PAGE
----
Huge GTs continue to stretch your heaviest tackle on the arti shipwrecks. It sounds like there are just enough mackerel around inshore to annoy the reef fishos, so either troll a suitable hardbody or fish livies, pillies or fresh squid mid-water over your favourite reef if it is holding baitfish. Queenfish have been active inshore recently and will patrol the deeper drop-offs and bay islands, as well as some flats along the inside of Fraser where the dirty and clean water intersperse.
Decent GTs will be active on these big tides, so for those with big bloopers, stickbaits and the tackle to toss them, try the current lines running off the bay islands and the ledges along the inside of Fraser. Flood tides late in the day will likely produce the best.
Trolling diving hardbodies along the reefs fringing Woody Island or near Round Island and the Pt Vernon - Pialba reefs will be worth a try for those getting out early in the morning. Coral trout will of course be the main target, but if you slow down you will get the odd estuary cod, and don’t be surprised if you hook a barra, jack or grunter off the mainland reefs.
Great Sandy Straits
Estuary-wise, the Straits will be the go for anglers at present due to the dirty water spewing out of our river systems. Many of the mainland creeks are only affected by local rainfall, so look for shorter systems that don’t get a lot of run-off if you plan to fish a creek. Otherwise, fish the lower reaches of the larger systems and the adjacent feeder channels for threadies, grunter and barra, and look for areas holding small prawns and baitfish.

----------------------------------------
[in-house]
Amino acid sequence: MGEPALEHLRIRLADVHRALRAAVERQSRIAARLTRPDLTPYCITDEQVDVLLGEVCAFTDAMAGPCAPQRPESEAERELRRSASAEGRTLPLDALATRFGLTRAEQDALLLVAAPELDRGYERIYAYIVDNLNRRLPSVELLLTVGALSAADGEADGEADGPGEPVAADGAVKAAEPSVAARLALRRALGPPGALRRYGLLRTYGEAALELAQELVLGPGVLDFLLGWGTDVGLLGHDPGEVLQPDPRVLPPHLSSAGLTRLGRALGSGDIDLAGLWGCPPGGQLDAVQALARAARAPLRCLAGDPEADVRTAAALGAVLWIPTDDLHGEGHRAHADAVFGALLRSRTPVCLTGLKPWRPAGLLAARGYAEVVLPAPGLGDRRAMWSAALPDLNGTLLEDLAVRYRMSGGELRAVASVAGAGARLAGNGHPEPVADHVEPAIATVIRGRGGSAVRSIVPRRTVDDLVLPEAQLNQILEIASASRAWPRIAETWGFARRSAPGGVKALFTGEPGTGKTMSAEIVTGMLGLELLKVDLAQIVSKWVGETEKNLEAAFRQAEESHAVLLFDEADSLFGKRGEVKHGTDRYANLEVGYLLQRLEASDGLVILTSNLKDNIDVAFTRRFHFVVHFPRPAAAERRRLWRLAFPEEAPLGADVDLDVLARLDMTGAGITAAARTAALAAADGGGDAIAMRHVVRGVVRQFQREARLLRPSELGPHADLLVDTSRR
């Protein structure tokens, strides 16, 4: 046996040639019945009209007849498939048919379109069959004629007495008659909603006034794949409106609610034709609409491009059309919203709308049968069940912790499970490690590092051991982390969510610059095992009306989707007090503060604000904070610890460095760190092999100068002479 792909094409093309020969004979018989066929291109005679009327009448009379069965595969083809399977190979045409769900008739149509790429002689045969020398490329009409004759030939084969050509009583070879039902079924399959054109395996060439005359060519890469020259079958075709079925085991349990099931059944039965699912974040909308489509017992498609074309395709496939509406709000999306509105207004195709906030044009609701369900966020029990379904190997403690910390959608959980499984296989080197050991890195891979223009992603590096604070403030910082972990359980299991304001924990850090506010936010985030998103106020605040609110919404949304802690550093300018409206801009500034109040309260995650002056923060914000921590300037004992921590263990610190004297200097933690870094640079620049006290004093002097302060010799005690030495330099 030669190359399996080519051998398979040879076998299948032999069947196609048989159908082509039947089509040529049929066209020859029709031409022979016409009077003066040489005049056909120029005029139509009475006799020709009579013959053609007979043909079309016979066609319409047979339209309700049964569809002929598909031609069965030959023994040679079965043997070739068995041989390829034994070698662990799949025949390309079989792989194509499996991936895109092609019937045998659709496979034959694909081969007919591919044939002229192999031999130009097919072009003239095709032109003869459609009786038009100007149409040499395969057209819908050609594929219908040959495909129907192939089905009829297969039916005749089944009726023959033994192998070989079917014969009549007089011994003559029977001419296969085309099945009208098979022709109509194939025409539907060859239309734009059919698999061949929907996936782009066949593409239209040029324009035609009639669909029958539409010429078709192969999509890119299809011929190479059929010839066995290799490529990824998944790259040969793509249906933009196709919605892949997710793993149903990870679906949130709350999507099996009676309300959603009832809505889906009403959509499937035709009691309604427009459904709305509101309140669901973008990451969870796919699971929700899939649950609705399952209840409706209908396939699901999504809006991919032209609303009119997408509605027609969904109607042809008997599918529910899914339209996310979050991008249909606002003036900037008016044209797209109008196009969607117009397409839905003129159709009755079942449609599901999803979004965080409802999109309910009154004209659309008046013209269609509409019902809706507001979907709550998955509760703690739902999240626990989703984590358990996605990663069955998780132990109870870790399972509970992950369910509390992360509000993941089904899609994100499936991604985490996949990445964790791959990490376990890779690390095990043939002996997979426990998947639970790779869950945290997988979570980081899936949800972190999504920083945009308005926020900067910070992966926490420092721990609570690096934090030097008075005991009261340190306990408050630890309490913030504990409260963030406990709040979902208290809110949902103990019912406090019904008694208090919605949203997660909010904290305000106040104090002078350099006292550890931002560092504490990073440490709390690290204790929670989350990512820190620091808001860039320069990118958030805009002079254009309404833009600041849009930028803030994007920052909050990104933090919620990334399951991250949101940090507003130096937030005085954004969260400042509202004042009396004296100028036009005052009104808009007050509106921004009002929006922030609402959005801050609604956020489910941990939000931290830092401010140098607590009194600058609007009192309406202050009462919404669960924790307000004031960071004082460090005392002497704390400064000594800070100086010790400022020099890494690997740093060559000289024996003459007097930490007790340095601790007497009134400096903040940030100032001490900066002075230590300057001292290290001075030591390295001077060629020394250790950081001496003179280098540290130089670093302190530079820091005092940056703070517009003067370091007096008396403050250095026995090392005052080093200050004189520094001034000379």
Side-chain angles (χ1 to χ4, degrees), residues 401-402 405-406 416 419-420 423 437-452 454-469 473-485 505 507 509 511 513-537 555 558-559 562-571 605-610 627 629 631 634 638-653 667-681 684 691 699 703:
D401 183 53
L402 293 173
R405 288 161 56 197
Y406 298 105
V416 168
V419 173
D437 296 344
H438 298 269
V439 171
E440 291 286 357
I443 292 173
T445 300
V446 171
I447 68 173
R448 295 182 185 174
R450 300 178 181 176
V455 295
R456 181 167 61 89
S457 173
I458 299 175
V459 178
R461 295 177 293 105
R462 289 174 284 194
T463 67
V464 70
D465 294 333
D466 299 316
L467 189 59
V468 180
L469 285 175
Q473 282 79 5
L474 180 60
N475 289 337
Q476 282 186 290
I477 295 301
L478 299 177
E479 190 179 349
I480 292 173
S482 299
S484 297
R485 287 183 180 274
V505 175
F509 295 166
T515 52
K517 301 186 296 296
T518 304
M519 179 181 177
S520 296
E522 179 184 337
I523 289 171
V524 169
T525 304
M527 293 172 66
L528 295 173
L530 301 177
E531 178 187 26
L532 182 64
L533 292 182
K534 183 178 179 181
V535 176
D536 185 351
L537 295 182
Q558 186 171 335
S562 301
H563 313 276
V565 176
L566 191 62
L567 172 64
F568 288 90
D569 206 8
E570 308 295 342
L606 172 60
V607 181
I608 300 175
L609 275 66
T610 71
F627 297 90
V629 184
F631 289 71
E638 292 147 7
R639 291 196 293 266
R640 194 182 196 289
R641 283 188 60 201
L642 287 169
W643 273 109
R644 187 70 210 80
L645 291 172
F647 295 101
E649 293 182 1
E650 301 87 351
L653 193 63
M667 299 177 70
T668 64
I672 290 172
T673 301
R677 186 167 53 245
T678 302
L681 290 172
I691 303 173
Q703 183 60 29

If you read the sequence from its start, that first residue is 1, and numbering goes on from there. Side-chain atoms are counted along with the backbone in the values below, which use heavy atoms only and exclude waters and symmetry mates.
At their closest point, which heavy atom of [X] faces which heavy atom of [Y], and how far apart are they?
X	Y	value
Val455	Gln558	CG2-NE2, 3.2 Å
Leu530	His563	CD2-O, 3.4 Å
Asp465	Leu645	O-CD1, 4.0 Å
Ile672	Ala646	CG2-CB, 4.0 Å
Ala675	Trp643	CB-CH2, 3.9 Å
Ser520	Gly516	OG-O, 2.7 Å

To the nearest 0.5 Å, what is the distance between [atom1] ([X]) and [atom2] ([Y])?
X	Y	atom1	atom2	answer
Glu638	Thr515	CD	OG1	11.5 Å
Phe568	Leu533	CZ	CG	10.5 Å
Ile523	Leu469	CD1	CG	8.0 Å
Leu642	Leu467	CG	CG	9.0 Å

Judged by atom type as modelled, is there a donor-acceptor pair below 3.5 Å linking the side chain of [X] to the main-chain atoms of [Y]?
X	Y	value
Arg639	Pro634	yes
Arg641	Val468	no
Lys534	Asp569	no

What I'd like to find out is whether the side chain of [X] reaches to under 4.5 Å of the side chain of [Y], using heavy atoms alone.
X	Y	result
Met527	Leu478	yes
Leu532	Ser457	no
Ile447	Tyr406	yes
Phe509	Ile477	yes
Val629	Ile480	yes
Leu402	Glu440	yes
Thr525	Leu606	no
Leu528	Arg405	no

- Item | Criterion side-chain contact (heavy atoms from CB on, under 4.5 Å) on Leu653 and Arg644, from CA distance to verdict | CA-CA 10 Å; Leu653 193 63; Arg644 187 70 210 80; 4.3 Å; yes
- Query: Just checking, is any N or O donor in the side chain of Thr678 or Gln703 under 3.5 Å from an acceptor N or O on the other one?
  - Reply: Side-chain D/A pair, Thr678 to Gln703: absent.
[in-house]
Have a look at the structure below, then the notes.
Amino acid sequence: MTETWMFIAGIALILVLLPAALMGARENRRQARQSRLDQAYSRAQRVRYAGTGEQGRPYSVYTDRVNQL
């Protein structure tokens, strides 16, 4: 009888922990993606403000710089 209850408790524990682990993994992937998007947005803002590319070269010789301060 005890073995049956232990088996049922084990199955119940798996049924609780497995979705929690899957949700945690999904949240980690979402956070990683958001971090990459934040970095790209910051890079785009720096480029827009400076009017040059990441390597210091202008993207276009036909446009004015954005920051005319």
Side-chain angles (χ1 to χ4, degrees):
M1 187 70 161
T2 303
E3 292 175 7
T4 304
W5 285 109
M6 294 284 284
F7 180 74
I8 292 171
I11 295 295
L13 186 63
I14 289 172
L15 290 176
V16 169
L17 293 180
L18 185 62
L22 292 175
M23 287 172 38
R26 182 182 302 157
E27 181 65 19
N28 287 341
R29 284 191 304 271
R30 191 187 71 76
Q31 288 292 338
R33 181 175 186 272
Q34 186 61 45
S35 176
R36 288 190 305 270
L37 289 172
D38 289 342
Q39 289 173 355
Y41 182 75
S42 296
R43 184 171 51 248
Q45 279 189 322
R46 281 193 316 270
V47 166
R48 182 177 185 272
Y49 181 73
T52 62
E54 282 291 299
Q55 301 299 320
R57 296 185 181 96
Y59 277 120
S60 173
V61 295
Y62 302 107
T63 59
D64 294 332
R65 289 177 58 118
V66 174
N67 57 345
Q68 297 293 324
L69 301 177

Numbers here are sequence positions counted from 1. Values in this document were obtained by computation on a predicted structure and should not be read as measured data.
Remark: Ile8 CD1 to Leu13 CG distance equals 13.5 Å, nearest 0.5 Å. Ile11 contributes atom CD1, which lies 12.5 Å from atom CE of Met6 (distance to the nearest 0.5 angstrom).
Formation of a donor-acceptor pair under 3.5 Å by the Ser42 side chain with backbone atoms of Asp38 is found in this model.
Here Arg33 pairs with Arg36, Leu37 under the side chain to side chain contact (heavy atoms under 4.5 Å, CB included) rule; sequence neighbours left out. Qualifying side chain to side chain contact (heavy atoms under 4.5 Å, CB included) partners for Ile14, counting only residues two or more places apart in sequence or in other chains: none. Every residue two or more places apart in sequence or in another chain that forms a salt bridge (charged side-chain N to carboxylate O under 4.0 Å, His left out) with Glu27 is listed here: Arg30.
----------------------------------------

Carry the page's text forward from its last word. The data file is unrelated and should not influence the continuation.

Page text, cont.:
Queenies and smallish GTs will be found at places such as Ungowa and along similar ledges. In fact, many of Fraser’s western creeks will be flowing fresh, so look to target the ledge systems out the front of these creeks for species such as cod, grunter, salmon, barra and queenies. Threadies will be particularly active where the jelly prawns are amassed, although they may be frustratingly difficult to tempt as is usually the case when they are feasting on jelly.
Whiting anglers will find good quality fish along the banks outside the creeks of the Turkey Straits, where again they will be revelling in the jelly prawn feast. Bream will be another option for light tackle enthusiasts around the rocky areas.
This latest rainfall is bound to produce a bonanza of banana prawns for our traditional autumn season. Many will have washed out of the rivers and creeks, so make sure you take the cast net and look for prawns coming off the flats and near creek mouths, as well as in the holes off large drains in the creeks themselves.